John Vanderslice plays New York City: Wikinews interview

Thursday, September 27, 2007

John Vanderslice has recently learned to enjoy America again. The singer-songwriter, who National Public Radio called “one of the most imaginative, prolific and consistently rewarding artists making music today,” found it through an unlikely source: his French girlfriend. “For the first time in my life I wouldn’t say I was defending the country but I was in this very strange position…”

Since breaking off from San Francisco local legends, mk Ultra, Vanderslice has produced six critically-acclaimed albums. His most recent, Emerald City, was released July 24th. Titled after the nickname given to the American-occupied Green Zone in Baghdad, it chronicles a world on the verge of imminent collapse under the weight of its own paranoia and loneliness. David Shankbone recently went to the Bowery Ballroom and spoke with Vanderslice about music, photography, touring and what makes a depressed liberal angry.


DS: How is the tour going?

JV: Great! I was just on the Wiki page for Inland Empire, and there is a great synopsis on the film. What’s on there is the best thing I have read about that film. The tour has been great. The thing with touring: say you are on vacation…let’s say you are doing an intense vacation. I went to Thailand alone, and there’s a part of you that just wants to go home. I don’t know what it is. I like to be home, but on tour there is a free floating anxiety that says: Go Home. Go Home.

DS: Anywhere, or just outside of the country?

JV: Anywhere. I want to be home in San Francisco, and I really do love being on tour, but there is almost like a homing beacon inside of me that is beeping and it creates a certain amount of anxiety.

DS: I can relate: You and I have moved around a lot, and we have a lot in common. Pranks, for one. David Bowie is another.

JV: Yeah, I saw that you like David Bowie on your MySpace.

DS: When I was in college I listened to him nonstop. Do you have a favorite album of his?

JV: I loved all the things from early to late seventies. Hunky Dory to Low to “Heroes” to Lodger. Low changed my life. The second I got was Hunky Dory, and the third was Diamond Dogs, which is a very underrated album. Then I got Ziggy Stardust and I was like, wow, this is important…this means something. There was tons of music I discovered in the seventh and eighth grade that I discovered, but I don’t love, respect and relate to it as much as I do Bowie. Especially Low…I was just on a panel with Steve Albini about how it has had a lot of impact.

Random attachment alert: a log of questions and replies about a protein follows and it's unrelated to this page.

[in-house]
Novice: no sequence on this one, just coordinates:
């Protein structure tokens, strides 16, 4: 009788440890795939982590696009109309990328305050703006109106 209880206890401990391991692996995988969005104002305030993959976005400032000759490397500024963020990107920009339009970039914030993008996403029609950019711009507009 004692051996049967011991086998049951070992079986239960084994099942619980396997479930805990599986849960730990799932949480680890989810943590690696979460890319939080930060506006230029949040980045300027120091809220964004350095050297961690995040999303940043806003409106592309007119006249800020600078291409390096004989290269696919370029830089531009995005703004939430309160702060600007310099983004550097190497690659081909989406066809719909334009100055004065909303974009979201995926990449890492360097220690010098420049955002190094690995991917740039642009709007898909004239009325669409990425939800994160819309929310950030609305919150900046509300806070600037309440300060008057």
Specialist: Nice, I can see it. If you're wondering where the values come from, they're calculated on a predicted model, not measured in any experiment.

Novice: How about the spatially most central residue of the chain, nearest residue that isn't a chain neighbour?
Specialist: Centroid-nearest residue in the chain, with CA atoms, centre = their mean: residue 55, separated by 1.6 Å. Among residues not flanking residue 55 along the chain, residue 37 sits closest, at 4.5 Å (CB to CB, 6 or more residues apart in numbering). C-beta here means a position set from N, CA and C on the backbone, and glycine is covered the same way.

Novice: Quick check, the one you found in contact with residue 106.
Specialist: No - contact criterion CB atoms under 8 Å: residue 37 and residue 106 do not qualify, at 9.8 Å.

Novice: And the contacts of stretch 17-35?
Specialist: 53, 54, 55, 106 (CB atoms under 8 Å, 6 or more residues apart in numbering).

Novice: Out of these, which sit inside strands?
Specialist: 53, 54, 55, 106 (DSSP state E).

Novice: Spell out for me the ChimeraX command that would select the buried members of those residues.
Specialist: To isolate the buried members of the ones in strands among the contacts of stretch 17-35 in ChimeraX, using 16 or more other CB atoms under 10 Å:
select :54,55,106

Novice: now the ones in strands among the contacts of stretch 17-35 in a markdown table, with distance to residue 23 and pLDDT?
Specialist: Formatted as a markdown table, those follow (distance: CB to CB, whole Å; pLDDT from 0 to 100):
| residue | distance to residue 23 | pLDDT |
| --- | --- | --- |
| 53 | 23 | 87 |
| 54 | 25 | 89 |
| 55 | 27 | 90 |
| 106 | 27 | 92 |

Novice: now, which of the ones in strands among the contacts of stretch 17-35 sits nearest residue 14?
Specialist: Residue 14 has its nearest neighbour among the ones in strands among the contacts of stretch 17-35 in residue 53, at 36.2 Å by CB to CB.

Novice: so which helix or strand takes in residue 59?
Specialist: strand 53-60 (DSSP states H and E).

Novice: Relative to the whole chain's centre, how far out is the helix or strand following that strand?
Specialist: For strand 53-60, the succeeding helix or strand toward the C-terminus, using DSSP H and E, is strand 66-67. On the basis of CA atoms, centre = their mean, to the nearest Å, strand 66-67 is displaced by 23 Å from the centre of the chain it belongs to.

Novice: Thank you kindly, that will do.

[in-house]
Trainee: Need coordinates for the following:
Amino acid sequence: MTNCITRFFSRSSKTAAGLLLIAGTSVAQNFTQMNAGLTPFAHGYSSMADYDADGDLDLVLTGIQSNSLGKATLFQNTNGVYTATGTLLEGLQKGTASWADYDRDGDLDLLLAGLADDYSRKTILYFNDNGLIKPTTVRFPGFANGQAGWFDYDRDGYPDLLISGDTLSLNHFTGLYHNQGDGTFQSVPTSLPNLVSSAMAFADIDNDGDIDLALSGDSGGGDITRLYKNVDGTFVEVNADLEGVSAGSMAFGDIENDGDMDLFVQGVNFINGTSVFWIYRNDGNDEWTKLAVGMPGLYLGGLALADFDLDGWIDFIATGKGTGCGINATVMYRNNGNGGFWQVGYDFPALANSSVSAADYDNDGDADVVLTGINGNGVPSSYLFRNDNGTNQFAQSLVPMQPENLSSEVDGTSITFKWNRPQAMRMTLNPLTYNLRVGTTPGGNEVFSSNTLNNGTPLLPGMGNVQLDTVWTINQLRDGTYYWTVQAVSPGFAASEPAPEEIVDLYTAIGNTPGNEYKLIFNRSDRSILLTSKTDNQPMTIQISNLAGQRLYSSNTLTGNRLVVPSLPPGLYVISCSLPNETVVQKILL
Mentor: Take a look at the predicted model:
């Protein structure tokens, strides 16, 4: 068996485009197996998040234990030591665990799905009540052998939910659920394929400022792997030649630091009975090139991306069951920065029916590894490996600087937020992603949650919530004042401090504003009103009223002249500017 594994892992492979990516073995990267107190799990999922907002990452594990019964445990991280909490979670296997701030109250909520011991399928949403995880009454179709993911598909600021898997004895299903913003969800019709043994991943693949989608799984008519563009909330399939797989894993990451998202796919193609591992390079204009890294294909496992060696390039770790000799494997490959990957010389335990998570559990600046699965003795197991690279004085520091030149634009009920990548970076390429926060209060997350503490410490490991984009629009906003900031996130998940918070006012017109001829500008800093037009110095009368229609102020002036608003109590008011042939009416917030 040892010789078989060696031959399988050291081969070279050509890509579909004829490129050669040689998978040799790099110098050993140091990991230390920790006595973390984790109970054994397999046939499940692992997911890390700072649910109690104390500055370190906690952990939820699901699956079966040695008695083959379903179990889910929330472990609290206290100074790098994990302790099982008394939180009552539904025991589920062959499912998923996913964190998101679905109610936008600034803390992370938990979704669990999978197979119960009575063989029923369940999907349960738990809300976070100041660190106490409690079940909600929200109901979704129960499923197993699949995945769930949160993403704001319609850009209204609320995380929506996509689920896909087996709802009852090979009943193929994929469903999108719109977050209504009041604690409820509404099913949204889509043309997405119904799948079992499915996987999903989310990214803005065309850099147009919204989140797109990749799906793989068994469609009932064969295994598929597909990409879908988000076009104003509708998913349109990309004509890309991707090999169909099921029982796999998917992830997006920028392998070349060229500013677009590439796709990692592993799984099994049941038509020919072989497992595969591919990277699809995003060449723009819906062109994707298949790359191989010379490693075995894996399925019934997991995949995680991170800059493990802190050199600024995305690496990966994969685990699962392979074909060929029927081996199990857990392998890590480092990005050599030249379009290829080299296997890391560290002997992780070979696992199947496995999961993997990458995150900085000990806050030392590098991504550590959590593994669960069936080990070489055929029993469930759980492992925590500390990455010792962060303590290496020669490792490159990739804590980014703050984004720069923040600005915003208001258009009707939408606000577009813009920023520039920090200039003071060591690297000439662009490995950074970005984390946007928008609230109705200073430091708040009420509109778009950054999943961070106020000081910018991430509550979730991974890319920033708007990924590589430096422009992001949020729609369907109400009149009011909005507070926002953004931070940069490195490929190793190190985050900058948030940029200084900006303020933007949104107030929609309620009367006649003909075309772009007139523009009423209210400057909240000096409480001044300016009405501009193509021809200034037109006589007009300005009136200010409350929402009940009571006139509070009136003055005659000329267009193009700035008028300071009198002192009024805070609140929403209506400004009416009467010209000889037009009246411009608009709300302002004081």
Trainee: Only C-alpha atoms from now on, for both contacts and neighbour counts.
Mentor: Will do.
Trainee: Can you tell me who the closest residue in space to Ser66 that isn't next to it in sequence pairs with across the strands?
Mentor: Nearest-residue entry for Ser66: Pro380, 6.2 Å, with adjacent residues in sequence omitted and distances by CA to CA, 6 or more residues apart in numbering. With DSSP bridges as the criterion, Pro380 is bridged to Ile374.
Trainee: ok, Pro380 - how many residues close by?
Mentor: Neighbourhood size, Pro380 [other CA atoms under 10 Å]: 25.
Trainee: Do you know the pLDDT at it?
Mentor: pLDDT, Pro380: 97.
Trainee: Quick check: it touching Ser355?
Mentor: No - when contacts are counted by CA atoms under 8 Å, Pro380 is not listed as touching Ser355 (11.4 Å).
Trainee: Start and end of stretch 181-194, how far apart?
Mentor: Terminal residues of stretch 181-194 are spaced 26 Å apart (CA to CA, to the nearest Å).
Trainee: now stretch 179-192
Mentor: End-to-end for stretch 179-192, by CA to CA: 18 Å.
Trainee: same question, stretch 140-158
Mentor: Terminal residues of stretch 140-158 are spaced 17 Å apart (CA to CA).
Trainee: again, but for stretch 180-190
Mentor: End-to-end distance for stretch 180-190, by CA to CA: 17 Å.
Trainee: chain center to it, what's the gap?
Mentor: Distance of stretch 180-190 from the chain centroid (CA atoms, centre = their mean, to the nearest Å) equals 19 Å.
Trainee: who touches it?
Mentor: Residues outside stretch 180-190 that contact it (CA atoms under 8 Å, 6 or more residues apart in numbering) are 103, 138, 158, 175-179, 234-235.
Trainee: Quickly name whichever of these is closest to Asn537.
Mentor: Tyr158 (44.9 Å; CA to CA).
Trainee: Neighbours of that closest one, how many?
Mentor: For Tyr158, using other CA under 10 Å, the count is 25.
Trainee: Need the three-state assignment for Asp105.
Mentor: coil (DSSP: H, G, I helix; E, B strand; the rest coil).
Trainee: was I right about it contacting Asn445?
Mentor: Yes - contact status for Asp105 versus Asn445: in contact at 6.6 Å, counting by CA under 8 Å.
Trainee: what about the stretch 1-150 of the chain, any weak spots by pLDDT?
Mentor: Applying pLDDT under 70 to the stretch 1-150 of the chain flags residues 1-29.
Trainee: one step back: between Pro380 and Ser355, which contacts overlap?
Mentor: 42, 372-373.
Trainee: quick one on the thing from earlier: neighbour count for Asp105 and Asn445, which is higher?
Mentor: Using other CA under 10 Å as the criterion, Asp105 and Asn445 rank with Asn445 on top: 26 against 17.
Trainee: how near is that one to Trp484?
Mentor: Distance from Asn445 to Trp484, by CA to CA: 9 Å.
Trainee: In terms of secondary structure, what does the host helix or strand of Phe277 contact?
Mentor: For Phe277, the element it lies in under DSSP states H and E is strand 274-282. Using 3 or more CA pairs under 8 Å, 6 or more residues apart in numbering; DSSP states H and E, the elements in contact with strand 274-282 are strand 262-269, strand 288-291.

DS: You said seventh and eighth grade. Were you always listening to people like Bowie or bands like the Velvets, or did you have an Eddie Murphy My Girl Wants to Party All the Time phase?

JV: The thing for me that was the uncool music, I had an older brother who was really into prog music, so it was like Gentle Giant and Yes and King Crimson and Genesis. All the new Genesis that was happening at the time was mind-blowing. Phil Collins‘s solo record…we had every single solo record, like the Mike Rutherford solo record.

DS: Do you shun that music now or is it still a part of you?

JV: Oh no, I appreciate all music. I’m an anti-snob. Last night when I was going to sleep I was watching Ocean’s Thirteen on my computer. It’s not like I always need to watch some super-fragmented, fucked-up art movie like Inland Empire. It’s part of how I relate to the audience. We end every night by going out into the audience and playing acoustically, directly, right in front of the audience, six inches away—that is part of my philosophy.

DS: Do you think New York or San Francisco suffers from artistic elitism more?

JV: I think because of the Internet that there is less and less elitism; everyone is into some little superstar on YouTube and everyone can now appreciate now Justin Timberlake. There is no need for factions. There is too much information, and I think the idea has broken down that some people…I mean, when was the last time you met someone who was into ska, or into punk, and they dressed the part? I don’t meet those people anymore.

DS: Everything is fusion now, like cuisine. It’s hard to find a purely French or purely Vietnamese restaurant.

JV: Exactly! When I was in high school there were factions. I remember the guys who listened to Black Flag. They looked the part! Like they were in theater.

DS: You still find some emos.

JV: Yes, I believe it. But even emo kids, compared to their older brethren, are so open-minded. I opened up for Sunny Day Real Estate and Pedro the Lion, and I did not find their fans to be the cliquish people that I feared, because I was never playing or marketed in the emo genre. I would say it’s because of the Internet.